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A Journal of Conservation Biogeography Diversity and Distributions, (Diversity Distrib.

) (2010) 16, 109–118

BIODIVERSITY Predicting the impact of climate change on

Australia’s most endangered snake,
Hoplocephalus bungaroides
Trent D. Penman1*, David A. Pike2, Jonathan K. Webb2 and Richard Shine2

Forest Resources Research, NSW Department ABSTRACT
of Primary Industries, PO Box 100, Beecroft,
Aim To predict how the bioclimatic envelope of the broad-headed snake (BHS)
NSW 2119 Australia, 2School of Biological
Sciences A08, University of Sydney, NSW
(Hoplocephalus bungaroides) may be redistributed under future climate warming
2006, Australia scenarios.
Location South-eastern New South Wales, Australia.

Methods We used 159 independent locations for the species and 35 climatic
variables to model the bioclimatic envelope for the BHS using two modelling
approaches – Bioclim and Maxent. Predictions were made under current
climatic conditions and we also predicted the species distribution under low and
high climate change scenarios for 2030 and 2070.
Results Broad-headed snakes currently encompass their entire bioclimatic
envelope. Both modelling approaches predict that suitable climate space for
BHS will be lost to varying degrees under both climate warming scenarios, and
under the worst case, only 14% of known snake populations may persist.
Main conclusions Areas of higher elevation within the current range will be most
important for persistence of this species because they will remain relatively moist
and cool even under climate change and will match the current climate envelope.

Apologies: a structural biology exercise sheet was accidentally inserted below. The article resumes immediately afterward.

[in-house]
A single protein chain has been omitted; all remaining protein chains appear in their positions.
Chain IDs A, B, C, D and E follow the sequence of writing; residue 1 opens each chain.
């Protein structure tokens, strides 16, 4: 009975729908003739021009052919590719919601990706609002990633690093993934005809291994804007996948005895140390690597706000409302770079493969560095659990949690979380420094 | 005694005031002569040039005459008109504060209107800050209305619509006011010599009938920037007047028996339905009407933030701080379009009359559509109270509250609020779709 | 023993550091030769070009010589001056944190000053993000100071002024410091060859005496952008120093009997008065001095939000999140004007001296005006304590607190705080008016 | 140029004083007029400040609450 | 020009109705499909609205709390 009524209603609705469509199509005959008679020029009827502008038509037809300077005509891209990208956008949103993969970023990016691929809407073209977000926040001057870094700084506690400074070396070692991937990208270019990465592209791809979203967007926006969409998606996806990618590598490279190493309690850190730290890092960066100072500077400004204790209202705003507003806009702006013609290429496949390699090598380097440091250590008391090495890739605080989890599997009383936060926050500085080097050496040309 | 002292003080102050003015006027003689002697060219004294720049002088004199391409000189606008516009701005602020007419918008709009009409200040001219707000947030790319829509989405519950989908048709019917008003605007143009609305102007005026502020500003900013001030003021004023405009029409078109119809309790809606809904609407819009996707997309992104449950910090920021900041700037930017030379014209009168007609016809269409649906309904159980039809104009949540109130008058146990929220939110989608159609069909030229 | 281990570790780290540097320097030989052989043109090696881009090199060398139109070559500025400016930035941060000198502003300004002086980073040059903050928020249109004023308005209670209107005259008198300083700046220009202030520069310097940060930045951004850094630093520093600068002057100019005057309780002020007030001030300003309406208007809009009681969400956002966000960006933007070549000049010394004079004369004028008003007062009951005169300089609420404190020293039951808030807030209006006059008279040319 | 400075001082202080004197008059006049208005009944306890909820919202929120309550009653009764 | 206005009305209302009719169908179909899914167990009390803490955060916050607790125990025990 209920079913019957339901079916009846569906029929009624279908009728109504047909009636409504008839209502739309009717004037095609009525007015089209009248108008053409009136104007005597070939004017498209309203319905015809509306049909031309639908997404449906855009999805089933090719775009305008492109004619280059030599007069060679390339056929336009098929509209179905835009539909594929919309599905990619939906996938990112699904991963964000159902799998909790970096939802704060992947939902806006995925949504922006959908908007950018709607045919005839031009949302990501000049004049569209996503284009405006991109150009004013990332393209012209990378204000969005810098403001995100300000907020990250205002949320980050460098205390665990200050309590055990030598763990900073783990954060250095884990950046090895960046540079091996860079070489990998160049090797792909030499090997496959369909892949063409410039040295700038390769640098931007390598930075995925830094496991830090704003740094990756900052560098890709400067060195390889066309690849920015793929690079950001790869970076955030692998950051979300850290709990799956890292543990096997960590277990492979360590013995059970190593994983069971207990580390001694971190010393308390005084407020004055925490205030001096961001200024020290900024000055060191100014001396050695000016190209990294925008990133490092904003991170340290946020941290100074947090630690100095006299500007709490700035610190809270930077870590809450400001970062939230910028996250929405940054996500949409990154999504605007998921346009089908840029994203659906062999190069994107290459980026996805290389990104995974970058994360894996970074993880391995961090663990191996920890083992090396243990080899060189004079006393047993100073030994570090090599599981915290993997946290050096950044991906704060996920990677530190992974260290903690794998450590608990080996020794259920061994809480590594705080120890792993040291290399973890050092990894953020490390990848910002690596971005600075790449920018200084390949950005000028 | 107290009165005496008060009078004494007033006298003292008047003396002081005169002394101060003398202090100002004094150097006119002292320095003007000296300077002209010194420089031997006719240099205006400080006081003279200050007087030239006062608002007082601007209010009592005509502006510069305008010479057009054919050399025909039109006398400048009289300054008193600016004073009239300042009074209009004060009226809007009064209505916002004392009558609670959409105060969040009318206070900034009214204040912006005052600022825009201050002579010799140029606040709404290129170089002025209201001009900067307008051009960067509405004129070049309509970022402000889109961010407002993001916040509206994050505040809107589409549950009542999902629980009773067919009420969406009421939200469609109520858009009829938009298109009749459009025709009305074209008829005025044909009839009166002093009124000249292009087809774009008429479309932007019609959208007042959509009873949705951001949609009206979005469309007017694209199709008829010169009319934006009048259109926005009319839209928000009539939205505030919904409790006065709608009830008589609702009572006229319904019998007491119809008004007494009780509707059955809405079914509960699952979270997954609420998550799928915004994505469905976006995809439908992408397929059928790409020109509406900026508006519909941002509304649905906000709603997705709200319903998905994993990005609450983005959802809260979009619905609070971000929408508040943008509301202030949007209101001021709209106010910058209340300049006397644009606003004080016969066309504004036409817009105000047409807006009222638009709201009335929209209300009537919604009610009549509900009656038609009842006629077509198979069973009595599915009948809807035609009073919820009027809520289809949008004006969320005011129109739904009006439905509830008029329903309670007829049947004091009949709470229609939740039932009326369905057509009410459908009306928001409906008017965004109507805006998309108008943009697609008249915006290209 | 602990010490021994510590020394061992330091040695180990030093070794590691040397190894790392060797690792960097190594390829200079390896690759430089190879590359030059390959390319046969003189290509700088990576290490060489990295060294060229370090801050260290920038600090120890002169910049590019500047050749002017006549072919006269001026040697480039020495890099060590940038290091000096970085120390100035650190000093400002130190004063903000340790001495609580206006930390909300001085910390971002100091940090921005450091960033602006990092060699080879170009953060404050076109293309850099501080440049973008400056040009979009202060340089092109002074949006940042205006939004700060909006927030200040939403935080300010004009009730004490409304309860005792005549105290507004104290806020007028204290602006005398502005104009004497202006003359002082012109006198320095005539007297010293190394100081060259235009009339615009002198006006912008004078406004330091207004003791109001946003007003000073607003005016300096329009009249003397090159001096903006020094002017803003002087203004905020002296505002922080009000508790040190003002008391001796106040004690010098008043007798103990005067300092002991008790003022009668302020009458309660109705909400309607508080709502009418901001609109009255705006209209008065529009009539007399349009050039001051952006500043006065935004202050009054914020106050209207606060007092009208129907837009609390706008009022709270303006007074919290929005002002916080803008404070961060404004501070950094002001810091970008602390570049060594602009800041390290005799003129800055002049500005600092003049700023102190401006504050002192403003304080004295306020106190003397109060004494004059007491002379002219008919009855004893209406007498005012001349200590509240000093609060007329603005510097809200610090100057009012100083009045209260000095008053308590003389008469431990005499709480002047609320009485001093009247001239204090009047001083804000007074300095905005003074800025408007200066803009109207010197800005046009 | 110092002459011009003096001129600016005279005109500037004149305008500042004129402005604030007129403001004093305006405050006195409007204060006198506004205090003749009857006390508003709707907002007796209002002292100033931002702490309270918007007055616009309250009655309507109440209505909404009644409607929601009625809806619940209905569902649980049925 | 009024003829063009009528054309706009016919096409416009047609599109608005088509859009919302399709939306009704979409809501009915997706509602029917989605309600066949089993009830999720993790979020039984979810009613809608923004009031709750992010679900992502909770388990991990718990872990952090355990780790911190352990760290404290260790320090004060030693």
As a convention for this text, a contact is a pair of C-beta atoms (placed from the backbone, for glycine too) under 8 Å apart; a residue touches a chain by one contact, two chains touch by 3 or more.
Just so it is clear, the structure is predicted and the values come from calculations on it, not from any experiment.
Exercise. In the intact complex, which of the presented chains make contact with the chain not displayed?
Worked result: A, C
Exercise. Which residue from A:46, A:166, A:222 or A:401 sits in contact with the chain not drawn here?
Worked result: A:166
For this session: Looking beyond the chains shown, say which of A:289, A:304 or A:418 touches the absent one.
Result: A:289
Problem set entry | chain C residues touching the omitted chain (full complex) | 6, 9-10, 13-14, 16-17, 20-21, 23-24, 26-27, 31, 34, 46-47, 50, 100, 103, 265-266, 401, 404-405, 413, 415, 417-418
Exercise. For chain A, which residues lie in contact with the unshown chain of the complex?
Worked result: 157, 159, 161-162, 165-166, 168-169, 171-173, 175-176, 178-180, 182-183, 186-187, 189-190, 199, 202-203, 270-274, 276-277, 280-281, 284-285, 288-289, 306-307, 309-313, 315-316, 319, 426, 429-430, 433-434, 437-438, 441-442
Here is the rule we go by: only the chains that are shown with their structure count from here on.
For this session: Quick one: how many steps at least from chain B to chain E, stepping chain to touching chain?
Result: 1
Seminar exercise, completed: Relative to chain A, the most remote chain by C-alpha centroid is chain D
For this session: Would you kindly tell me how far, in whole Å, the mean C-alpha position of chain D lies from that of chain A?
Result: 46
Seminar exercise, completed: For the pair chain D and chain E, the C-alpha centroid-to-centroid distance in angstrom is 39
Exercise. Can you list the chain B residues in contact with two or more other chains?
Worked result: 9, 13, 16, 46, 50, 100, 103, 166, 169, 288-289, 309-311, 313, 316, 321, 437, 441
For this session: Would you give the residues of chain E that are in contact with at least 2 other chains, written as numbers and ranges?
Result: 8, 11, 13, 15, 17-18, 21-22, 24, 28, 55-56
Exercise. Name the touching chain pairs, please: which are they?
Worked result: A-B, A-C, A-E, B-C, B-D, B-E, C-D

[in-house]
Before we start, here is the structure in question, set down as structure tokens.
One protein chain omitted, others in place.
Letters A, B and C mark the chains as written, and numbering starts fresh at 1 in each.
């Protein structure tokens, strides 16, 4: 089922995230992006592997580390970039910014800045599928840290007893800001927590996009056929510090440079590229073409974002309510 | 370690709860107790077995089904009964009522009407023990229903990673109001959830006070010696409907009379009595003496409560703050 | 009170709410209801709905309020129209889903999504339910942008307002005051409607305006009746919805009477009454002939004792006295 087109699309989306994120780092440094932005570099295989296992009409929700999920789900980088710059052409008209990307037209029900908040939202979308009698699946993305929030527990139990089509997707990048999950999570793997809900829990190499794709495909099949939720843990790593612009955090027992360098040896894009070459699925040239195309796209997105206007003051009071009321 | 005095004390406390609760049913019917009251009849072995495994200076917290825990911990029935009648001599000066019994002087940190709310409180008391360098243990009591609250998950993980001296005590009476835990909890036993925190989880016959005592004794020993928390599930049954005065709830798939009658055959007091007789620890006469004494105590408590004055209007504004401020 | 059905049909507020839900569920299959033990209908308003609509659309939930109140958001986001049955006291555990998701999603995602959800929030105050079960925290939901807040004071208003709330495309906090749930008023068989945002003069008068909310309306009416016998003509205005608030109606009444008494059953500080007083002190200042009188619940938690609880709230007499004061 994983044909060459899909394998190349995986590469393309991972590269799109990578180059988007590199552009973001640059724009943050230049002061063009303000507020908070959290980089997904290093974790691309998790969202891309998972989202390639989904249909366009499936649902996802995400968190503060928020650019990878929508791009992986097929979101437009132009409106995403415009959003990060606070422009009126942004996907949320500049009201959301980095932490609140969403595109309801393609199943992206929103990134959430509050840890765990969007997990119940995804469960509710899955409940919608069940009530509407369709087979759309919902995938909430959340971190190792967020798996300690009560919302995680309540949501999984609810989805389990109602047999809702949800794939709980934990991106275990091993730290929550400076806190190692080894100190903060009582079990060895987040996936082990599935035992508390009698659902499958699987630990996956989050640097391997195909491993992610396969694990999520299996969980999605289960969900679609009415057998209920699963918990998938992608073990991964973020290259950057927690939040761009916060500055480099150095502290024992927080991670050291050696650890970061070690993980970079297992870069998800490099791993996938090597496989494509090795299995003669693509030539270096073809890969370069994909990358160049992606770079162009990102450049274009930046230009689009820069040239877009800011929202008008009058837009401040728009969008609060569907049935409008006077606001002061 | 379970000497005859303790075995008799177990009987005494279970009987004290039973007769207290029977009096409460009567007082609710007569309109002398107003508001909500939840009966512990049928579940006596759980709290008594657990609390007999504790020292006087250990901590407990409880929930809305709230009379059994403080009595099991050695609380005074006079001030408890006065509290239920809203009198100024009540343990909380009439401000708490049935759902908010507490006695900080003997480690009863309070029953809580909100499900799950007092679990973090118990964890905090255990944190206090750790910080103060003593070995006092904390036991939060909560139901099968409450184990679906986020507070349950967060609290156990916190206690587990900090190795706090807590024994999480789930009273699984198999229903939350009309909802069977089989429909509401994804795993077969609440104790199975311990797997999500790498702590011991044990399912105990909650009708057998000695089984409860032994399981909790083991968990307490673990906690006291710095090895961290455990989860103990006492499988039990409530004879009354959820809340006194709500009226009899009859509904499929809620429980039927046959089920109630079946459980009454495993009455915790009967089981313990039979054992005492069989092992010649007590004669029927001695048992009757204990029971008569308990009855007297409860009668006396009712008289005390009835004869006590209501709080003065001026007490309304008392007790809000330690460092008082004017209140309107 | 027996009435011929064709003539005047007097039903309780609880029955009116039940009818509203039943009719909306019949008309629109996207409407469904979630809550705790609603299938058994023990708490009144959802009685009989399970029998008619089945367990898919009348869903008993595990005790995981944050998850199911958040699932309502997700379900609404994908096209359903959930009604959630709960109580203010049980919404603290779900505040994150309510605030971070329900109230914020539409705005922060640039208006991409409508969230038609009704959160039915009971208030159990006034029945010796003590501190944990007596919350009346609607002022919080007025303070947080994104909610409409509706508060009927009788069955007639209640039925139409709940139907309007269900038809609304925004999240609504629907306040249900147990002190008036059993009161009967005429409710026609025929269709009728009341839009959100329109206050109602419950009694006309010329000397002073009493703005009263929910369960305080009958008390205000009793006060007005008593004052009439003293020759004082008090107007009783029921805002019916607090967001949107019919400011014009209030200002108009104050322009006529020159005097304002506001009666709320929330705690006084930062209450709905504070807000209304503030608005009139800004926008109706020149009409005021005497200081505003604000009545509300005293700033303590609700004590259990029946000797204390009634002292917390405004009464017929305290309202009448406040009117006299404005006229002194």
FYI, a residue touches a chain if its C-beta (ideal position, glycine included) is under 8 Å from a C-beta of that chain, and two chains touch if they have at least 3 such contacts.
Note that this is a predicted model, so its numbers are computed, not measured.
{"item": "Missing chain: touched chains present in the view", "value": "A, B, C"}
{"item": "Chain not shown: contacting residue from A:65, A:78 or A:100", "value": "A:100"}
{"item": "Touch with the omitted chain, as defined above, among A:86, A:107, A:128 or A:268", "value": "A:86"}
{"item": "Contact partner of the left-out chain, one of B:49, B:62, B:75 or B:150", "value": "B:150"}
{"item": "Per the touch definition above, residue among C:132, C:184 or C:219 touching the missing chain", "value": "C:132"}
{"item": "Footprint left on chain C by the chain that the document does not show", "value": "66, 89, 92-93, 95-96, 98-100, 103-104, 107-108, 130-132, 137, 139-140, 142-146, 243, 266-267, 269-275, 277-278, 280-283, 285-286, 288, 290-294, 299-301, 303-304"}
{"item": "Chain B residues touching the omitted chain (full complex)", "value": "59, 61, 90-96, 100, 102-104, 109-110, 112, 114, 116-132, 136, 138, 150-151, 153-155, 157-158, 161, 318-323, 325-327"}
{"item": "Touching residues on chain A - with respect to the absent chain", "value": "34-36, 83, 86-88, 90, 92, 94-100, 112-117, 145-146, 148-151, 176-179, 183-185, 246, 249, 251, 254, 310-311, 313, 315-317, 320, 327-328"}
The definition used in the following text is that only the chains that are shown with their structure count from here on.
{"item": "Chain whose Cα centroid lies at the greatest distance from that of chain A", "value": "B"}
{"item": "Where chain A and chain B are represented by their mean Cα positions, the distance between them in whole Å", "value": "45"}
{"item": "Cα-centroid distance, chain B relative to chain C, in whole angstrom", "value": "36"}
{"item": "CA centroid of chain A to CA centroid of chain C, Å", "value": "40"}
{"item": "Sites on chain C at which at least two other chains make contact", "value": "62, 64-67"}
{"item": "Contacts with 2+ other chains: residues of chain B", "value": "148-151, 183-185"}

Diversity and Distributions

Conservation efforts should focus on areas where suitable climate space may
persist under climate warming scenarios. Long-term monitoring programs should
be established both in these areas and where populations are predicted to become
extirpated, so that we can accurately determine changes in the distribution of this
*Correspondence: Trent D. Penman, Forest species throughout its range.
Resources Research, NSW Department of
Primary Industries, PO Box 100, Beecroft, NSW
2119 Australia. BIOCLIM, bioclimatic envelope modelling, geographical distribution, Maxent,
E-mail: trent.penman@industry.nsw.gov.au range contraction.

climate change may be mediated via habitat modification

(Meynecke, 2004). Some species are likely to benefit from the
Predicted changes to global and regional climates (Pausas, changes, by extending their ranges into areas previously
2004; Hennessy et al., 2005; Suppiah et al., 2007) are likely to unoccupied; but many other taxa are expected to experi-
have direct and indirect effects upon biodiversity (Theurillat ence dramatic reductions in the spatial extent and connec-
& Guisan, 2001; Hughes, 2003; Meynecke, 2004). Shifts in tivity of areas that provide conditions suitable for their
environmental conditions can alter critical biological traits existence.
such as the timing and magnitude of reproductive output The taxa most vulnerable to any climatically imposed
(Forchhammer et al., 1998; Crick & Sparks, 1999; Winkler reductions in suitable habitat are likely to be those that have:
et al., 2002; Pike et al., 2006), sex ratios of offspring (Janzen, (1) highly specialized habitat requirements, (2) ‘slow’ life-
1994; Hays et al., 2003; Mitchell et al., 2008), resource histories (delayed maturation, low reproductive rate), thereby
availability (Visser & Both, 2005), habitat use (including nest reducing their ability to recover from population reductions,
site selection; Telemeco et al., 2009) and rates of survival (3) low dispersal rates, making it difficult to colonize suitable
(Chamaille-Jammes et al., 2006). The greatest impacts of areas outside the existing range, and (4) are already under

DOI: 10.1111/j.1472-4642.2009.00619.x
ª 2009 Blackwell Publishing Ltd www.blackwellpublishing.com/ddi 109
T. D. Penman et al.

pressure from other anthropogenic processes (Hughes, 2003; 3. High warming scenario for 2070, where temperatures
Meynecke, 2004; Araújo et al., 2006). One taxon that meets all increase by 4 C and rainfall is reduced by 5% (hereafter,
of these criteria is the broad-headed snake (BHS) (Hoploceph- 2070 high scenario).
alus bungaroides), Australia’s most endangered snake species Grids representing the climate change scenario were gener-
(Cogger, 2000). This small, brightly coloured nocturnal snake ated within the Bioclim program using inbuilt functions.